Tagged “School Connectedness”

Sharing Ideas for Higher Achievement

Sanger Academy Charter School, Sanger, Calif.

As one in a trio of Sanger, California schools to be designated a California School to Watch by whole child partner National Forum to Accelerate Middle Grades Reform, Sanger Academy Charter School proves the efficacy of a commitment to quality education. Collaboration between Sanger Academy and its two sister schools—also designated as California Schools to Watch—can be seen on all levels, from middle school sports tournaments to monthly meetings between the three principals to share ideas and techniques.

Technology Guides Students to a Bright Future

Owl Creek School, Fayetteville, Ark.

Located in Fayetteville, Arkansas, Owl Creek School joins a select group of Arkansas schools as a 2013 Diamond School to Watch with whole child partner National Forum to Accelerate Middle Grades Reform. The Owl School promotes growth and achievement in its students through a strong commitment to technology-based instruction and a positive campus community. This supportive, in-school environment is bolstered by high levels of engagement with families and the local community through workshops; family activity nights; and a strong, involved Parent Teacher Organization.

A Common Message and Sense of Belonging

Renfro Elementary School, Collinsville, Ill.

Renfro Elementary School special education teacher Mary Anne Hempsted observes, "This school is the most welcoming place that I have ever worked. People respond to any need." Renfro's teachers and students connect through class meetings and the cross-grade level "families." Each family creates their own silent family greeting that they use whenever they encounter a "family member" in the halls. Named a 2011 National School of Character by whole child partner the Character Education Partnership, Renfro defines character to include thinking, feeling, and doing and takes a very comprehensive, intentional, proactive approach to character education. Carrie White, parent of a second grader and a kindergartner, praises the common language used at the school, which carries into the home, and observes that the words mean the same at school and at home. Entire classrooms of students are recognized for showing good character, not individuals. Third-grade teacher Carolyn Demaree says, "Every adult cares for the students in this school and holds them accountable."

Family Atmosphere Fosters Sense of Belonging

Imagine Schools South Lake, Clermont, Fla.

Despite being one of the largest of the more than 70 Imagine Schools campuses, Imagine South Lake feels like a "family" school. Each day, students are greeted by the principal (who knows everyone by name), other administrators, teachers, parents, and student safety patrols. Teacher turnover is minimal, and the re-enrollment rate is above 95 percent. When speaking of her schoolmates and teachers, fourth grader India says, "They are my family." Named a 2011 National School of Character by whole child partner the Character Education Partnership, Imagine South Lake's staff students, and parents live the core values. Staff members incorporate character within the classroom in ways that best meet the needs of their students and reflect the school's mission statement. Middle school language-arts teacher Joyce Crawford notes that "being here at Imagine means you have a voice;" all classrooms have meetings where students' "voice and choice" is heard and appreciated. Teachers care about the students academically, socially, and emotionally. Fourth grader Eliya states that the teachers "don’t want us to fail. They teach us how to learn from our mistakes."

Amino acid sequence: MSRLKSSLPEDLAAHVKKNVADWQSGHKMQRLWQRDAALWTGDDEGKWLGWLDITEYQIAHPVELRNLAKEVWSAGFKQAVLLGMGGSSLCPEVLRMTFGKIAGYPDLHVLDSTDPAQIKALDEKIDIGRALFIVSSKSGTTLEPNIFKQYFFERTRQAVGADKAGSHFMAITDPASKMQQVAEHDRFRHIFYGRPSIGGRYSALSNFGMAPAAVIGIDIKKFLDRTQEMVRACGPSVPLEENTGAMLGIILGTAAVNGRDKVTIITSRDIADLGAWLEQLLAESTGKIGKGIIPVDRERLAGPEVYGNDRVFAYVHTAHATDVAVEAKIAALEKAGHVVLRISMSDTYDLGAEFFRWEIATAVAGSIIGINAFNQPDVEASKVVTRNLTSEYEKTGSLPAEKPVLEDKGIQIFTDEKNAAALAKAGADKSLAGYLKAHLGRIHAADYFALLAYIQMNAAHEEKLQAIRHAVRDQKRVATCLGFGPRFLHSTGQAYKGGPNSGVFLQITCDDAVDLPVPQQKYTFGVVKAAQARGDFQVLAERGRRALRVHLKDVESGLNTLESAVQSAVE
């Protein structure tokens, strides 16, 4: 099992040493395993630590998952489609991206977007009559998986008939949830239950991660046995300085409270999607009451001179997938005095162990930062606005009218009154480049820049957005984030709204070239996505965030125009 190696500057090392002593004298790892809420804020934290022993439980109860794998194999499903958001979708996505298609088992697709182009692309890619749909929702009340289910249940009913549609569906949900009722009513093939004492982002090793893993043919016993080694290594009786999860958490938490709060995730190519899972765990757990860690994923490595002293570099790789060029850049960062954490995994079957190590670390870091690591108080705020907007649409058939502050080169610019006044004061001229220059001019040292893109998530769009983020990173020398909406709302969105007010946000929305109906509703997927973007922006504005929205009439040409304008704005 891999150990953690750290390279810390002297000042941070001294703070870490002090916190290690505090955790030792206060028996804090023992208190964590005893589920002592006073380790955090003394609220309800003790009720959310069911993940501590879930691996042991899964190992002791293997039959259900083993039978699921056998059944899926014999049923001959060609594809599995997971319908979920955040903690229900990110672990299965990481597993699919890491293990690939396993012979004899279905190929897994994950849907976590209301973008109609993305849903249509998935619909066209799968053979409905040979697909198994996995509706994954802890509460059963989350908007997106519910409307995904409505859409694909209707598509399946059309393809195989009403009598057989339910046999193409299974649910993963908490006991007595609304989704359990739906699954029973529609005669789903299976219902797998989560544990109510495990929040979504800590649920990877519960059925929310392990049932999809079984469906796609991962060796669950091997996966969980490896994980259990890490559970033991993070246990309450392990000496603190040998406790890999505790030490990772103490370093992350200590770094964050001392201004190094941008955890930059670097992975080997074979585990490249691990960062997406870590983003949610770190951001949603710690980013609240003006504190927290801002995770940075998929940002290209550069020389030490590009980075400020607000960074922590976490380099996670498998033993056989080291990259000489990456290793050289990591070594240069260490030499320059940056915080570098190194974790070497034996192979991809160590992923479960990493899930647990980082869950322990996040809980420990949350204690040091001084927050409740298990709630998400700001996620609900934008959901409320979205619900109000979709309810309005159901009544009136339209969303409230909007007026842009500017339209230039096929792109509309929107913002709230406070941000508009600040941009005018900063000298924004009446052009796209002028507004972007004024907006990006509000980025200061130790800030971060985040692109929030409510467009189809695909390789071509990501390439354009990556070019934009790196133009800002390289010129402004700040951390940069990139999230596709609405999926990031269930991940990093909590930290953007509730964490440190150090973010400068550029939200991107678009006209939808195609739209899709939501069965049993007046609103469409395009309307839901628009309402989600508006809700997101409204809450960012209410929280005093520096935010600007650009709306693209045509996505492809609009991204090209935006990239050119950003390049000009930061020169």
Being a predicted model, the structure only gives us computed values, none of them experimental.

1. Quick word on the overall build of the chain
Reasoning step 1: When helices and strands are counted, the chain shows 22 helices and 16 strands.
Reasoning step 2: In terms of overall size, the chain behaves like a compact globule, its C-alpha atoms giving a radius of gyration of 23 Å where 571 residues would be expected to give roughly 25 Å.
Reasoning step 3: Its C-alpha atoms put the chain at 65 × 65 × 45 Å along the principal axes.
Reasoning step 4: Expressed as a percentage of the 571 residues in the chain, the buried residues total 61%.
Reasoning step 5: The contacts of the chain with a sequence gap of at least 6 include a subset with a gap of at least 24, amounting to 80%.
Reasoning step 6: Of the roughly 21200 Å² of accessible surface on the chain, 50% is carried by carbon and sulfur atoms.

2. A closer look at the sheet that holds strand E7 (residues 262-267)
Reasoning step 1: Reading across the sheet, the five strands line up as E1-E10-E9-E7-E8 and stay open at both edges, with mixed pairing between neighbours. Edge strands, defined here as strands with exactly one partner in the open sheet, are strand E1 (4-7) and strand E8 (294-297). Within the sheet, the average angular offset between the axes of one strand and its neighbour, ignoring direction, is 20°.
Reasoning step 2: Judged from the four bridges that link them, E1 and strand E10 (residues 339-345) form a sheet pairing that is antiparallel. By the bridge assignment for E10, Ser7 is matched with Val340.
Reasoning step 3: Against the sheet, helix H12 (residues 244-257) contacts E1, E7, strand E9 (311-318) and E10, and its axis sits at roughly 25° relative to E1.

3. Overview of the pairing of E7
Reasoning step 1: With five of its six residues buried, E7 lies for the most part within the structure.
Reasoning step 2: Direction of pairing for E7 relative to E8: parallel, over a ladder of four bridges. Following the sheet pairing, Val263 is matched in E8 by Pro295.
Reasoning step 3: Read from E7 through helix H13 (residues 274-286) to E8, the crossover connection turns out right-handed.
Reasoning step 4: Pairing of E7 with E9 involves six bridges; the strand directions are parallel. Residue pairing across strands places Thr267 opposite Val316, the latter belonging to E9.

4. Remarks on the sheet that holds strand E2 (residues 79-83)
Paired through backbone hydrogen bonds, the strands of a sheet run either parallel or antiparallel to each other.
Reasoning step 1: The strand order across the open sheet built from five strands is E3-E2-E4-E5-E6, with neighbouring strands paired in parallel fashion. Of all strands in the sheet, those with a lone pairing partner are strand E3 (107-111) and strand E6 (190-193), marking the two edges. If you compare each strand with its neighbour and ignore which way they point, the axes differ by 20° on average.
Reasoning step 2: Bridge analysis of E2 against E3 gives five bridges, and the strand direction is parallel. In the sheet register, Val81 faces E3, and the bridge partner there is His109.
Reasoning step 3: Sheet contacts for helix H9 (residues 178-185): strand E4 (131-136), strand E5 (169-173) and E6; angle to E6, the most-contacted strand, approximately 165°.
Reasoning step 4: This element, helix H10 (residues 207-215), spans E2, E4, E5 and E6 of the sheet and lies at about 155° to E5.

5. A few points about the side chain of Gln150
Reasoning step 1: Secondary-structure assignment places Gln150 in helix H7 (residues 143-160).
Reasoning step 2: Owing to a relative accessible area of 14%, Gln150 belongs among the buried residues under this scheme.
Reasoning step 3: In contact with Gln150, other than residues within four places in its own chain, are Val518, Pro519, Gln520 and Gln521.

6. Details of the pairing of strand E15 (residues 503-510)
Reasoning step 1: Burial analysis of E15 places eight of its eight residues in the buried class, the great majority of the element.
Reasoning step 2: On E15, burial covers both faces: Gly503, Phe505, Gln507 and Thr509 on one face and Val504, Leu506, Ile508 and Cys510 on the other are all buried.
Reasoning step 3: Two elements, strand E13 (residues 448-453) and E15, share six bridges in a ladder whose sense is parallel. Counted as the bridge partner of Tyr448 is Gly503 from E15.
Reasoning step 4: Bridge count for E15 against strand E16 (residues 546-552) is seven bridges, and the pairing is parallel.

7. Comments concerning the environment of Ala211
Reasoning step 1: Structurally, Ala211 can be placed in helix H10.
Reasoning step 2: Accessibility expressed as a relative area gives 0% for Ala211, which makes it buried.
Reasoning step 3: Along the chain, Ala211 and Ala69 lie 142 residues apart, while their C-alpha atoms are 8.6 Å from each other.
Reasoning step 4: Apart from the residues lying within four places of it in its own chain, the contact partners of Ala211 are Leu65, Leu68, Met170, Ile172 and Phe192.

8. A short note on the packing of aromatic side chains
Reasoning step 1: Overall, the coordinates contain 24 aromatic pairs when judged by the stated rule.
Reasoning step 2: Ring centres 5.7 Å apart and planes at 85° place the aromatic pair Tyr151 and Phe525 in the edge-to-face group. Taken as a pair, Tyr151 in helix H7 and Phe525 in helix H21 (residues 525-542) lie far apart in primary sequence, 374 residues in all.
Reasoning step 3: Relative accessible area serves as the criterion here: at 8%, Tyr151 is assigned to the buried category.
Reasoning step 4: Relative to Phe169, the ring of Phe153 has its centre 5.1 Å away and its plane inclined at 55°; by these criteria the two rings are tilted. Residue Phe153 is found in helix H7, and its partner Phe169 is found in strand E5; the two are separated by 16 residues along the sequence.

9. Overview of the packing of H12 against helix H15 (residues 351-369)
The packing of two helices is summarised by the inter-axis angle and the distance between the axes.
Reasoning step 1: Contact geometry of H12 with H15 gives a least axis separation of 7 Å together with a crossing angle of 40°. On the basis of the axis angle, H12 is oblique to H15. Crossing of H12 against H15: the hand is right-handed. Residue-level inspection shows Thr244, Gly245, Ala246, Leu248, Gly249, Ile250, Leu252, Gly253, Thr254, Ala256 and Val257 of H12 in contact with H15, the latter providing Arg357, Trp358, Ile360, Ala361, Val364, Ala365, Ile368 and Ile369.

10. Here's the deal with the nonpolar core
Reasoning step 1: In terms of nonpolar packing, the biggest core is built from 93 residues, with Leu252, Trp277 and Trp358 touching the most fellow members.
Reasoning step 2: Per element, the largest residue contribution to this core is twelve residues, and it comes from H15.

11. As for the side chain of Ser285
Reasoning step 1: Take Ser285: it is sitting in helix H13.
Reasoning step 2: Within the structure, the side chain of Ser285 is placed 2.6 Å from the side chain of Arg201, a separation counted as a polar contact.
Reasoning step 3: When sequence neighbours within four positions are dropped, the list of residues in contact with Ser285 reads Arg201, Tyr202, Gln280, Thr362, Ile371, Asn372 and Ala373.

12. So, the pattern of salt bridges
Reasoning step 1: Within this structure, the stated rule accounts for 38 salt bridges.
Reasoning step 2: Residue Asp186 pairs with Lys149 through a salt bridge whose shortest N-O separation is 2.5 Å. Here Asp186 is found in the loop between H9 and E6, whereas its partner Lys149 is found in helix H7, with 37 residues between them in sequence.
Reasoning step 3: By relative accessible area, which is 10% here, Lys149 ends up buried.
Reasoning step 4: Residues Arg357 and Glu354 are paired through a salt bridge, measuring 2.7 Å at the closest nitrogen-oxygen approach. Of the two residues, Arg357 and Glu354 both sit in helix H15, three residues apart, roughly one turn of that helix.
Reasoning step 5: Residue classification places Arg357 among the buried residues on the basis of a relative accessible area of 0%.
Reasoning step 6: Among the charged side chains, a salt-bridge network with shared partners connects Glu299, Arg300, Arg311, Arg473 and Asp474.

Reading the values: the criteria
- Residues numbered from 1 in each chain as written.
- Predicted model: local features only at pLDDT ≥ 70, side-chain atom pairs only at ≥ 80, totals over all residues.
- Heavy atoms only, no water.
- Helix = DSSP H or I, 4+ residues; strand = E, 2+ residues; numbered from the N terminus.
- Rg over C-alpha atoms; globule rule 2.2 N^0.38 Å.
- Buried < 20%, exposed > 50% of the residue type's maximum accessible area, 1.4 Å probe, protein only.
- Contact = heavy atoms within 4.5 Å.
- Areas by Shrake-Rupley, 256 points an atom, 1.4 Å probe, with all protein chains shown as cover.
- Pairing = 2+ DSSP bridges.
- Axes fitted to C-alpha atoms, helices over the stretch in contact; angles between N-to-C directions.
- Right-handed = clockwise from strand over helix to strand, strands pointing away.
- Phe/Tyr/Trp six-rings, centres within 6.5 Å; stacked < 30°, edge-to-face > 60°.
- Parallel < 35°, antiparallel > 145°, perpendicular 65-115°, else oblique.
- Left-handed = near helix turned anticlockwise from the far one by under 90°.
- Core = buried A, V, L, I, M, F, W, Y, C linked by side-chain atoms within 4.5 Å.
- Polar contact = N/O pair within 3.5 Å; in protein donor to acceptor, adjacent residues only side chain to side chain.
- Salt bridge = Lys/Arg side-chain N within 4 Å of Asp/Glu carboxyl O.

School Organizes to Be Proactive, Not Reactive

Wagga Wagga Christian College, Wagga Wagga, New South Wales, Australia

Recognized as a MindMatters School in 2011 by whole child partner Principals Australia Institute, Wagga Wagga Christian College is a coeducational K–12 school which fosters a family environment that develops responsibility and trust between peers and multi-aged young people. In 2007, the faculty determined the need to develop a welfare system to be proactive and responsive, not reactive. As a result the school has refined its transition programs, building stronger links with parents and the community beyond the school; expanded its student leadership program, empowering students at all levels of leadership; and implemented resilience programs, highlighting the safe use of social networks, cyberbullying, and sex education and relationships. Feedback is sought at parent association meetings about the mental health and well-being programs that could be implemented for students and parents.

Student Voice and Project-Based Learning

Malcolm Price Laboratory School, Cedar Falls, Iowa

The 2010 Vision in Action: The ASCD Whole Child Award winner, Malcolm Price Laboratory School, in Cedar Falls, Iowa, has a long-standing tradition of focusing on the whole child. Price Lab believes that its community is not so much a place as an experience of feeling valued, connected, and responsible.

Among other efforts, the K–12 school actively seeks to engage students through programs that support project-based learning. Students in elementary, middle, and high school devise or choose projects of personal interest—examples include hosting a radio show, investigating string theory, producing a film production, and developing a game. The students then see these projects through from conception to completion.

This student-centered approach has been fundamental in developing important 21st century skills, such as demonstrating initiative and self-direction, and using individual talents for productive outcomes. It has also allowed students to have a greater voice and develop a greater sense of ownership in the school and its activities.

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